My son and I went to see Prince last night at our local indoor arena, the RBC Center, in Raleigh, NC. The venue is the home of the Carolina Hurricanes, our 2006 Stanley Cup winning NHL hockey team, NCSU men’s basketball and a lot of big name concerts that appear in our area.
The show was fantastic – Prince is a genre all his own; funky, sexy, can’t sit still music. He’s a prolific songwriter whose tunes have launched and/or advanced dozens of careers over the 30+ years he’s been creating music. A singer, songwriter, keyboardist, guitarist and audience charmer, he’s got the goods and deserves all the accolades he gets, and then some. But I digress……..
While Mike and I waited outside for the doors to open, I couldn’t help but notice evidence of a crime of monumental proportions that, had Prince seen it, I’m sure he would have written something into his contract that this practice had to stop and stop right now! I know he’s a vegan and is very concerned about the treatment of animals. How could he not be shocked and sickened at the sight of so many innocent crape myrtles being mutilated just outside the doors of his memorable show.
This is what’s been done to the hundreds of Crape Myrtles that line both sides of the sidewalk leading to the East entrance to the arena. I can only imagine that there is another crime scene equally horrific at the other entrances as well.
Here’s a longer, but still partial, view……….
There’s no need to treat these poor, defenseless trees this way. First of all, trees are most beautiful when they are left to grow in their natural state. We humans are notorious for wanting to improve upon what nature creates and in some limited capacity, that’s ok. If a crape myrtle or any other tree has dead, damaged or diseased branches, crossing branches, branches pointing in the wrong direction, they are ok to prune. No arborist or horticulturist is going to argue with that.
This happens in neighborhoods across the south, here and there. What’s terrible about this particular instance is that it’s such a public venue attracting visitors from places outside our city. It says, “If this is how the professional landscapers at the RBC Center prune their Crape Myrtles, that’s the way I should do it, too” to every visitor who passes the crime scene. Why would they think otherwise?
Some people prune because the trees are getting too big for the area in which they were planted. That’s because the wrong variety was chosen when the landscape was designed or the plants were chosen. Pruning for that reason just leads to years of similar brutality. In this case, they’ve planted too many. Just looking at the photos tells me that one line of trees could have been used there easily, but perhaps they were in HGTV mode – make it look full and mature as soon as humanly possible, no matter what happens to the poor plants.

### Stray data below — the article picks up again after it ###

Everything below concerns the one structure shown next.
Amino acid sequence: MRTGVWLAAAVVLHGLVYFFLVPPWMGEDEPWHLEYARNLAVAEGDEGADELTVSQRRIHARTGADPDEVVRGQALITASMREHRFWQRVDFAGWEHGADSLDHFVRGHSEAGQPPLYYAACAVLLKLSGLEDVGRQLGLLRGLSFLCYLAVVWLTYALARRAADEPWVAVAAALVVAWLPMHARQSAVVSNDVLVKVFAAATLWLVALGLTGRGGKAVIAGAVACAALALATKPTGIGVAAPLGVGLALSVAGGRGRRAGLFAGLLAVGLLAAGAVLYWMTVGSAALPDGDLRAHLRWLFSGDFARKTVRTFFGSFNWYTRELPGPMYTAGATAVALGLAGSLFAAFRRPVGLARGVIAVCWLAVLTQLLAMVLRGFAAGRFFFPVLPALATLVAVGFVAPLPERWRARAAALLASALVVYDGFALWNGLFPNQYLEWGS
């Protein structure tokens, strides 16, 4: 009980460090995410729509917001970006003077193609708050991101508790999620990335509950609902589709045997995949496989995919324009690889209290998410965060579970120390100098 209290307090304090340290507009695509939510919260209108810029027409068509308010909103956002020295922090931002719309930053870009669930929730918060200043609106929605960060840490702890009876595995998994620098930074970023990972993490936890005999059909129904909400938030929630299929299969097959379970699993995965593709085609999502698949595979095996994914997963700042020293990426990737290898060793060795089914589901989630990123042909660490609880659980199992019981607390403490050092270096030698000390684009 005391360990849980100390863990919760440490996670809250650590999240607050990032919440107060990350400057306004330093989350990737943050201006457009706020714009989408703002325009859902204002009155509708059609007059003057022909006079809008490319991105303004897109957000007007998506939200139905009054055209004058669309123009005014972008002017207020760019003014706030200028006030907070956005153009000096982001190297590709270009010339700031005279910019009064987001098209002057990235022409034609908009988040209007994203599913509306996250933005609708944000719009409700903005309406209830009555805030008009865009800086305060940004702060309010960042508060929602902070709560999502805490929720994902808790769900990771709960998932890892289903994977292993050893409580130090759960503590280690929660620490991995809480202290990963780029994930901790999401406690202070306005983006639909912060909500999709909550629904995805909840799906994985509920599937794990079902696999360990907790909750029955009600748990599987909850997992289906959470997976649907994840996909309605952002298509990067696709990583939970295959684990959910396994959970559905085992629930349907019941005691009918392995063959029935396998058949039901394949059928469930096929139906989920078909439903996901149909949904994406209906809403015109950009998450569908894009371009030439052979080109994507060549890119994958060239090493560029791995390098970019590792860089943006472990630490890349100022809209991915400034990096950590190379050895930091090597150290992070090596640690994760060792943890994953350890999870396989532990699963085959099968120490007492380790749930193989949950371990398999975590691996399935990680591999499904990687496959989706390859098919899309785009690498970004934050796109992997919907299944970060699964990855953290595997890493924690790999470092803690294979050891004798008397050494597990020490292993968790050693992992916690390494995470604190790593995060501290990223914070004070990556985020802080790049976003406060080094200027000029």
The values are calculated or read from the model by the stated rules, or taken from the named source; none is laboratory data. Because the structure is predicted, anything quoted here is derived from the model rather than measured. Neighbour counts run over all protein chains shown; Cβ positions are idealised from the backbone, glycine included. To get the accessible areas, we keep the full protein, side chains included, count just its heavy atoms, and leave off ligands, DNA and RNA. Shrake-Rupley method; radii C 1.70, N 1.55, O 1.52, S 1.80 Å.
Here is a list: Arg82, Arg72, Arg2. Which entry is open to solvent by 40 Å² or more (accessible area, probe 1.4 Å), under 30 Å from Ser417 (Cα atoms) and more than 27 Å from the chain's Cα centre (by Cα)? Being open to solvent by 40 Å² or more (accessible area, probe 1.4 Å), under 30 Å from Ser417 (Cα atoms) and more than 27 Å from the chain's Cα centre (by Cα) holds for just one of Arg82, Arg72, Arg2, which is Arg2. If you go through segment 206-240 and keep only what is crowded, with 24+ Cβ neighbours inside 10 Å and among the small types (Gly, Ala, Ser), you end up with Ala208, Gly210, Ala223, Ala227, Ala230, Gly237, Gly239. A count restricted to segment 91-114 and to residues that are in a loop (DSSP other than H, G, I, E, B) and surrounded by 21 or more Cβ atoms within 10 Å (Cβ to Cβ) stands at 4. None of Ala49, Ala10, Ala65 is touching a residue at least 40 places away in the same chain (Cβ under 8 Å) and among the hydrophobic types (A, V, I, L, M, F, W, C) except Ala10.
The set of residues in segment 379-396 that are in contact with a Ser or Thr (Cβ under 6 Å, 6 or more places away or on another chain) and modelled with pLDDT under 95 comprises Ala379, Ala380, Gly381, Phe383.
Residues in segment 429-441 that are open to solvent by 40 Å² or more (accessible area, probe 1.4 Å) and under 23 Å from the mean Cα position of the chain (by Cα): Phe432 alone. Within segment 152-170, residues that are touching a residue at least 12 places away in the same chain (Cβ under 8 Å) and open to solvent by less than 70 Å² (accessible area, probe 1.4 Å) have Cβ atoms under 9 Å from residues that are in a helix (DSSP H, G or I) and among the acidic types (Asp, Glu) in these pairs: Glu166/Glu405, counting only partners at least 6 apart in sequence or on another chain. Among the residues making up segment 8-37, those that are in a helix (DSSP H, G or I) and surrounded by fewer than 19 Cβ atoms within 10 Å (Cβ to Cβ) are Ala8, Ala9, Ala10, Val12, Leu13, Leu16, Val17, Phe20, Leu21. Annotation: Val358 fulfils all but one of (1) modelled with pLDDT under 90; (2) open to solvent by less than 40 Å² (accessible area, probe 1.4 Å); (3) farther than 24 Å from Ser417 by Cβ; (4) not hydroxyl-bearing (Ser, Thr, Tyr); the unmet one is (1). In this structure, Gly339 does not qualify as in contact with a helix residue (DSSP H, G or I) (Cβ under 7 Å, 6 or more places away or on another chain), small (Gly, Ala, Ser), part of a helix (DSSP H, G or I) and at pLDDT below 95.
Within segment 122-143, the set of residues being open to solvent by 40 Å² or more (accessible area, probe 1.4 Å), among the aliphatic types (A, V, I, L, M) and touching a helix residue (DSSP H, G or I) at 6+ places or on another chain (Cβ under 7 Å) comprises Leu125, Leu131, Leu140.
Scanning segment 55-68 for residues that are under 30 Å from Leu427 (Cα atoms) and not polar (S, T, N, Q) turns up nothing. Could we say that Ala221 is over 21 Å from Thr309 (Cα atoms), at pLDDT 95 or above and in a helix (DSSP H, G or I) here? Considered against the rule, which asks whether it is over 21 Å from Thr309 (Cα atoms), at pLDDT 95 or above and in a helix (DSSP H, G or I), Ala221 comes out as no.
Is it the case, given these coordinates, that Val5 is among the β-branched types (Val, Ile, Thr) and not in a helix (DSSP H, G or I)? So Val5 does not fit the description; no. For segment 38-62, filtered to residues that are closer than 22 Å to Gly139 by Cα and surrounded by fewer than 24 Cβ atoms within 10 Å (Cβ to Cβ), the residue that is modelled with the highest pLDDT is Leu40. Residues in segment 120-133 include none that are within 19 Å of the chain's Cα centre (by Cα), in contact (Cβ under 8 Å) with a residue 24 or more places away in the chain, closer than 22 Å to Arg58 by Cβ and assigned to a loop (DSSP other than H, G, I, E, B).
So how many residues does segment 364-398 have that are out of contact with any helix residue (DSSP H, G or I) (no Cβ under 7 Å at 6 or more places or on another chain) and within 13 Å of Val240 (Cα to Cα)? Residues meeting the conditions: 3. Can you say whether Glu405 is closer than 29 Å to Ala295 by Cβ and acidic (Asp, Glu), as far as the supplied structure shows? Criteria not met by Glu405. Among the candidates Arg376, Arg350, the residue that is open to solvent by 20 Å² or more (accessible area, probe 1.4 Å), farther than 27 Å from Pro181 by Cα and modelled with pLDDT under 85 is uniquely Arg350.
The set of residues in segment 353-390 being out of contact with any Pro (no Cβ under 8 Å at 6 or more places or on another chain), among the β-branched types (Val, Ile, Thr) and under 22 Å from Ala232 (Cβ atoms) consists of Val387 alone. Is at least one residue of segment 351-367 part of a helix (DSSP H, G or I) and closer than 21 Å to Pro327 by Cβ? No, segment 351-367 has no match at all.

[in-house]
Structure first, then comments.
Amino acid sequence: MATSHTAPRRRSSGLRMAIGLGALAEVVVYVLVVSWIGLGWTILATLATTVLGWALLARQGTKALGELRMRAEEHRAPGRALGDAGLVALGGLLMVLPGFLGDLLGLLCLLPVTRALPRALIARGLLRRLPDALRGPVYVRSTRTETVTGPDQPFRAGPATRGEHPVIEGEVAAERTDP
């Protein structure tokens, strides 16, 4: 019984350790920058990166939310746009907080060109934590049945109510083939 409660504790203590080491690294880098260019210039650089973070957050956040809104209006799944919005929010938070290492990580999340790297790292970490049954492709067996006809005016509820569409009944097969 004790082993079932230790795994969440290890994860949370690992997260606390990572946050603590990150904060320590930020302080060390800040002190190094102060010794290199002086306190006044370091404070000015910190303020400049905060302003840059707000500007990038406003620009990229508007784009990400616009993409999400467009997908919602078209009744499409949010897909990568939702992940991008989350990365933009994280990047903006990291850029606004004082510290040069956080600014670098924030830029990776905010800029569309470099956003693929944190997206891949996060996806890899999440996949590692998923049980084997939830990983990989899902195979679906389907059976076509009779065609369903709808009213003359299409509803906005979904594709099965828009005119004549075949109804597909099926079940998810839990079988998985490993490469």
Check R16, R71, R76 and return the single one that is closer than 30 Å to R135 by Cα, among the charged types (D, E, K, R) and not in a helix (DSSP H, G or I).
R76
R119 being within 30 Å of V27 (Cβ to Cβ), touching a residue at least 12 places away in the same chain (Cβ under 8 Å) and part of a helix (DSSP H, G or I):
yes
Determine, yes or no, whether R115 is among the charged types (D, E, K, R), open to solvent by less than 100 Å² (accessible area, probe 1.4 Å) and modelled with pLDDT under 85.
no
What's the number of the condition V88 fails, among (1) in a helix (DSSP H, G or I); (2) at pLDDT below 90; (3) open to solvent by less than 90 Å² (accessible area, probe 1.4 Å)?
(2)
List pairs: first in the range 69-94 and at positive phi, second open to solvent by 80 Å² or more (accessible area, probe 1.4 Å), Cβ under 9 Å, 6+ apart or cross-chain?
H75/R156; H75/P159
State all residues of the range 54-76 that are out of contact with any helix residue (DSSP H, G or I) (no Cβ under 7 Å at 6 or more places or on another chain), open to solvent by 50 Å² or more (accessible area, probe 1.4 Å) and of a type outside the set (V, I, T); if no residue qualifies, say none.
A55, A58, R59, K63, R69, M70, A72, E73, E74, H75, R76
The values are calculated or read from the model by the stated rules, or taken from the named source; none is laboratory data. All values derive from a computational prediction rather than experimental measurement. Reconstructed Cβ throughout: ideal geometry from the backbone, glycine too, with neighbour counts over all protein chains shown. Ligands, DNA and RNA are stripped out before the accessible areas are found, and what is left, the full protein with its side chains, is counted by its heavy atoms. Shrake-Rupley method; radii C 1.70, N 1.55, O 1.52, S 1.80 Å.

One of the best attributes of the crape myrtle is it’s bark, particularly noticeable during the leafless season. It’s natural branching is also quite lovely, but this pruning method creates an unnatural (hideous) appearance. I’ll bet $50 when you look at the crime scene photos above, you’re not admiring the bark or the branching! What this method does is promote growth, but not the kind that helps the tree or the landscape in which it lives. It causes thin, spindly branches to sprout out of the cut ends of what’s left of the original branches and they’re too weak to support a good bloom.
I’m certainly not the first blogger to write about crape murder, and I won’t be the last. Since the crime wave continues unabated and unabashed, obviously we still have work to do!
Here’s a blog written by Southern Living’s Grumpy Gardener, on how to prune a crape myrtle properly. There is also, in the comment section, a how-to on reversing a previous crime, so it’s not the end of the world if you’ve committed crape murder in your past. Sometimes all it takes to make amends is a change in behavior – we will gladly forgive you for all past transgressions if you just promise to never do it again.
Pruning is one of those if-it-ain’t-broke-don’t-fix-it kind of activities. Lose the tools, sit back and enjoy the natural shape and habit of the plant kingdom’s most lovely and persistent treasures – our trees. Save your strength for weeding!
A very Happy Spring is my sincere wish for you – I’ll be back soon with an update on how the hens are faring and there will be lots of garden news in upcoming posts!